Scantlings Rule for Cold Molded Construction
Cold Molded Construction consists of gluing up many very thin layers of wood in a "criss-crossed" way over a mold so that when everything cures you have a hull or other part that is essentially like a compound curved piece of plywood. If well done this is a strong light method of construction. However it is very labor intensive.
This rule covers pure Cold Molded construction where the criss-crossing of the veneers produces nearly isotropic strength and therefore totally eliminates framing. So far as we know this is the only engineered rule for true Cold Molded construction ever written and it has been widely used since the early '70s.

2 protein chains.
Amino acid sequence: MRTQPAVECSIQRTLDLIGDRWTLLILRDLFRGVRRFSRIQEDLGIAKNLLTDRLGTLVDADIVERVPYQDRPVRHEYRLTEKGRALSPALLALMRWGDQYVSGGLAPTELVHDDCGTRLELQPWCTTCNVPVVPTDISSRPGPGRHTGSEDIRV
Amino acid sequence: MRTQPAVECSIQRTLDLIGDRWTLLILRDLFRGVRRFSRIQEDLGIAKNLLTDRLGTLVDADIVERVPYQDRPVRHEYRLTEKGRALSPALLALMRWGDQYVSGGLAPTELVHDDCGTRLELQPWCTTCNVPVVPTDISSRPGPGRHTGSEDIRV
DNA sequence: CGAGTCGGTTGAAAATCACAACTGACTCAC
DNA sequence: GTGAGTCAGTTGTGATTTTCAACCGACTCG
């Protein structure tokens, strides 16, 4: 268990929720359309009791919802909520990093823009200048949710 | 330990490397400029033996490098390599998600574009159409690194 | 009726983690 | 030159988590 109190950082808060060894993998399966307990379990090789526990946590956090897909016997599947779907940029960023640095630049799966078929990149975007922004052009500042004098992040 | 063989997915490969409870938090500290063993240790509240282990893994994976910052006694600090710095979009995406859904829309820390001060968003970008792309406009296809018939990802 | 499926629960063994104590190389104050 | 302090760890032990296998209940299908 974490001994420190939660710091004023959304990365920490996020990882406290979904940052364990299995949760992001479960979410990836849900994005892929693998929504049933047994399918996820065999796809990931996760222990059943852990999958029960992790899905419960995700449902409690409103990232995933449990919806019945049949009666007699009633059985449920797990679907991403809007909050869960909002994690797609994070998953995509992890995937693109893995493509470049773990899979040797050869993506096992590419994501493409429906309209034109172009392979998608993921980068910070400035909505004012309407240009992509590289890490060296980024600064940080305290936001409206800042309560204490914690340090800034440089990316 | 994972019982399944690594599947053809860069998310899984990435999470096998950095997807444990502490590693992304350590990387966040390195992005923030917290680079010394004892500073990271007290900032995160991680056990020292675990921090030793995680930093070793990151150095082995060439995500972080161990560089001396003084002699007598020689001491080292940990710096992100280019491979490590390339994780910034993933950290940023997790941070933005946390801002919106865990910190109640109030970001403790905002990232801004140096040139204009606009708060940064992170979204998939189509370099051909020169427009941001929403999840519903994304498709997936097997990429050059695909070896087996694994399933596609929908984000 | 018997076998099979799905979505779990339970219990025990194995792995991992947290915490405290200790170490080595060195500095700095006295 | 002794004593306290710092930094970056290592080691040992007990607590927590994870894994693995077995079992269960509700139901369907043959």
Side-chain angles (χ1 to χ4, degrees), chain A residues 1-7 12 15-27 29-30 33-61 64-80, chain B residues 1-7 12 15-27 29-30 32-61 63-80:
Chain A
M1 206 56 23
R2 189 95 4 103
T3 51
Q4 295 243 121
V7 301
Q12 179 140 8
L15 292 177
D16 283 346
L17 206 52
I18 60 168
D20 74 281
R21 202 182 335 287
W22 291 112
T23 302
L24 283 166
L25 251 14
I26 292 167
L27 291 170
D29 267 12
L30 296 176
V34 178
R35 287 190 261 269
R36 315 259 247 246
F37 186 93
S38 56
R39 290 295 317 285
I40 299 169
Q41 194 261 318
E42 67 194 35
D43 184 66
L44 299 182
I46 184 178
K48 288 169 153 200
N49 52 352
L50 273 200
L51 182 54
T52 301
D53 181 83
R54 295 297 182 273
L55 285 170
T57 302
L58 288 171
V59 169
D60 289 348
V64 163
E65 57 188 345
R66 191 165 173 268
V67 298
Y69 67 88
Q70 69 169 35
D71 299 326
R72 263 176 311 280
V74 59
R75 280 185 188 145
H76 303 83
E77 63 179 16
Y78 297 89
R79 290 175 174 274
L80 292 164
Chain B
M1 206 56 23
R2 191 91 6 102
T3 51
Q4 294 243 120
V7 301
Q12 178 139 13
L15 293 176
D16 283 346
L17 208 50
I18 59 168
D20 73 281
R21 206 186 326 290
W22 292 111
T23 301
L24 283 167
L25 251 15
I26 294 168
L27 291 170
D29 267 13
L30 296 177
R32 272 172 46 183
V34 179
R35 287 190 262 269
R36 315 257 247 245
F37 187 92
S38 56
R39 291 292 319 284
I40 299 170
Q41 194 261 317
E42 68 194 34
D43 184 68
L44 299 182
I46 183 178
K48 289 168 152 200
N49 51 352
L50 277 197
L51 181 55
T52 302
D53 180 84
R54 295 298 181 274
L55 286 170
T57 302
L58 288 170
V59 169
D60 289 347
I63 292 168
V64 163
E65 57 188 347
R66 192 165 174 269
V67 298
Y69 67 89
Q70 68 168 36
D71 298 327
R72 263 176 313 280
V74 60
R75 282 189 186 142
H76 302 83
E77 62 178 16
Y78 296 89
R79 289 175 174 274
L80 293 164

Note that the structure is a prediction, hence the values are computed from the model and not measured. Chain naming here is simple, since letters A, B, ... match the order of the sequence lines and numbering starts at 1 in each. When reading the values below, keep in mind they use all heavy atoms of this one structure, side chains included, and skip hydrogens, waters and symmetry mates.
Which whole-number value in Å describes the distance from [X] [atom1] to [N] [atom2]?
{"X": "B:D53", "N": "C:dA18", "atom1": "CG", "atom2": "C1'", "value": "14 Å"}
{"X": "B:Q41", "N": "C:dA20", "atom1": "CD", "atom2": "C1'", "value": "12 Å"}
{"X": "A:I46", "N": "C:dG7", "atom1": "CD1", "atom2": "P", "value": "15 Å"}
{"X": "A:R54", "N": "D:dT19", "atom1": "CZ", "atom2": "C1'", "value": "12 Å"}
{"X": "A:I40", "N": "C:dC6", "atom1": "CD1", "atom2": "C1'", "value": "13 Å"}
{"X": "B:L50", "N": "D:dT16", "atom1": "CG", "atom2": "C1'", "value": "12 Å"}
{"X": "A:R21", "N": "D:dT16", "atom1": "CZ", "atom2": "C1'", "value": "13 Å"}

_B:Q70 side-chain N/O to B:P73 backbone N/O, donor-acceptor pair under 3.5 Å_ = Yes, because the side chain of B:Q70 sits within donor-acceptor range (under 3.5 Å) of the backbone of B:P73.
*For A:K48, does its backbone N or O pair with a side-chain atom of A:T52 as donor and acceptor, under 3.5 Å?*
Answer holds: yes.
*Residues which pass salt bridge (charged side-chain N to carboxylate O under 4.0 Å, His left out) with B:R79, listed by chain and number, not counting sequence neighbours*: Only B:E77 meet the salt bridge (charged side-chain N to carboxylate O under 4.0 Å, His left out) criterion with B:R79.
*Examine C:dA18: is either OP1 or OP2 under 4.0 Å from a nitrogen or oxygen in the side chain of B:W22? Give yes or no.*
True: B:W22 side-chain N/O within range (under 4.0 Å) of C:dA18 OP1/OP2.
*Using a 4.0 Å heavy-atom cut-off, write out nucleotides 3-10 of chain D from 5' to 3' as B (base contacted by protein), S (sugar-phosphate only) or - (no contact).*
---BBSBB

In what appears to be an attempt to reduce the labor involved many builders have tried to introduce complex inner framing systems covered with strip planking and then veneered over with a few layers of Cold Molding. This negates any advantage of Cold Molded in that you might just as well use a fully framed stripped planked hull and forget the veneers or go directly to Sheathed Strip Construction which is light for a given strength and much less labor intensive.
Nevertheless, especially in small boats varnished inside and out, Cold Molded construction has great appeal and, provided the customer is willing to accept the increased labor involved, can produce an excellent vessel.
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